The Illegal 4,000-Step ‘Stairway To Heaven’ In Hawaii Is Pure Insanity

Are you up for an adventure? If you’re the kind of lad who prefers great views, tranquillity, long hikes, and a bit of thrill, this is a great place to go to.

The Haiku Stairs on Oahu, Hawaii, otherwise known as “Stairway to Heaven”, is a series of approximately 4,000 steel steps (3,922 to be exact) that climbs 2,800 ft from the Koolau mountain range to the peak of Pu’u Keahi a Kahoe.


The U.S. military primarily installed wooden steps during World War II. They stretched the stairs across the Haiku Valley to obtain the required height for a radio station antenna.

In the 1950s, the U.S. Coast Guard took over and established their navigation station there. They also substituted the wooden stairs with steel.


The antennae used to transmit 200,000-watt radio signals. It enabled the Navy to communicate with submarines as far as Tokyo Bay while they were submerged. The signal even reached India, which is 10,600 km away.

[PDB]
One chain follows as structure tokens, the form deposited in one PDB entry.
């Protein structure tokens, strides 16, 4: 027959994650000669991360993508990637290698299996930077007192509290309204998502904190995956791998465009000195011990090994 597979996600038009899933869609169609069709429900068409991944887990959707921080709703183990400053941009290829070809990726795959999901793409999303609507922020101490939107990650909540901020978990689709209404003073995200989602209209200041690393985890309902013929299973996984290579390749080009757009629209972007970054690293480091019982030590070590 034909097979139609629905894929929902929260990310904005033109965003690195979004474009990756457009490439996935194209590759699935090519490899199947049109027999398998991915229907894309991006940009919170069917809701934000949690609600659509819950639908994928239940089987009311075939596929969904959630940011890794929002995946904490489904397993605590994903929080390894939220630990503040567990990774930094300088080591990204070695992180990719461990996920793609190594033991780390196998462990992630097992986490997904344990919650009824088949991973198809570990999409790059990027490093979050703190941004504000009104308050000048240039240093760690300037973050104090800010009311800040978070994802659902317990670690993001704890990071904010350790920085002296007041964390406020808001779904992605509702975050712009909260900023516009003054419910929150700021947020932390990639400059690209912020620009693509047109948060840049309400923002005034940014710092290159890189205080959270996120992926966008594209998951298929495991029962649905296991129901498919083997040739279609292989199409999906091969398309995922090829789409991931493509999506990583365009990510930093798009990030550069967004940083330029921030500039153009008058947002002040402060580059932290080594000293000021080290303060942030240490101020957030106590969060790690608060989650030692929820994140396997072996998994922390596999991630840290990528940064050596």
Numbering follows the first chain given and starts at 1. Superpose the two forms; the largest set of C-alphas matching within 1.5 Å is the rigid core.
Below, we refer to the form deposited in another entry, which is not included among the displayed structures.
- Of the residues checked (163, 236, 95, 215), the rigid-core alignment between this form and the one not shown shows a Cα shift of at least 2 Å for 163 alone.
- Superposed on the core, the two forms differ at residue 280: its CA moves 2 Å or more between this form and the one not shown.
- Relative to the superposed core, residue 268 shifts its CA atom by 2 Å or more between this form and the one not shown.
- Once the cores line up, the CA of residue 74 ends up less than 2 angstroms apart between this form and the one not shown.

The base closed in 1987. Since then, the area was restricted from the public and they prohibited hikers. Guards sit at the base entrance for most of the day.

The locals have been asking the government to open the stairs to the public, but the government thinks it would be “cost prohibitive to keep the stairs in a safe condition.”

For those who still want to experience the exhilarating hike, the Honolulu Board of Water Supply (BWS) will require you to sign a waiver and present a $1 million liability insurance policy. The BWS has jurisdiction over the hike.

Still, some daring hikers ignore the “No Trespassing” signs and sneak in to see these magnificent views:






What do you think? Is it worth it?



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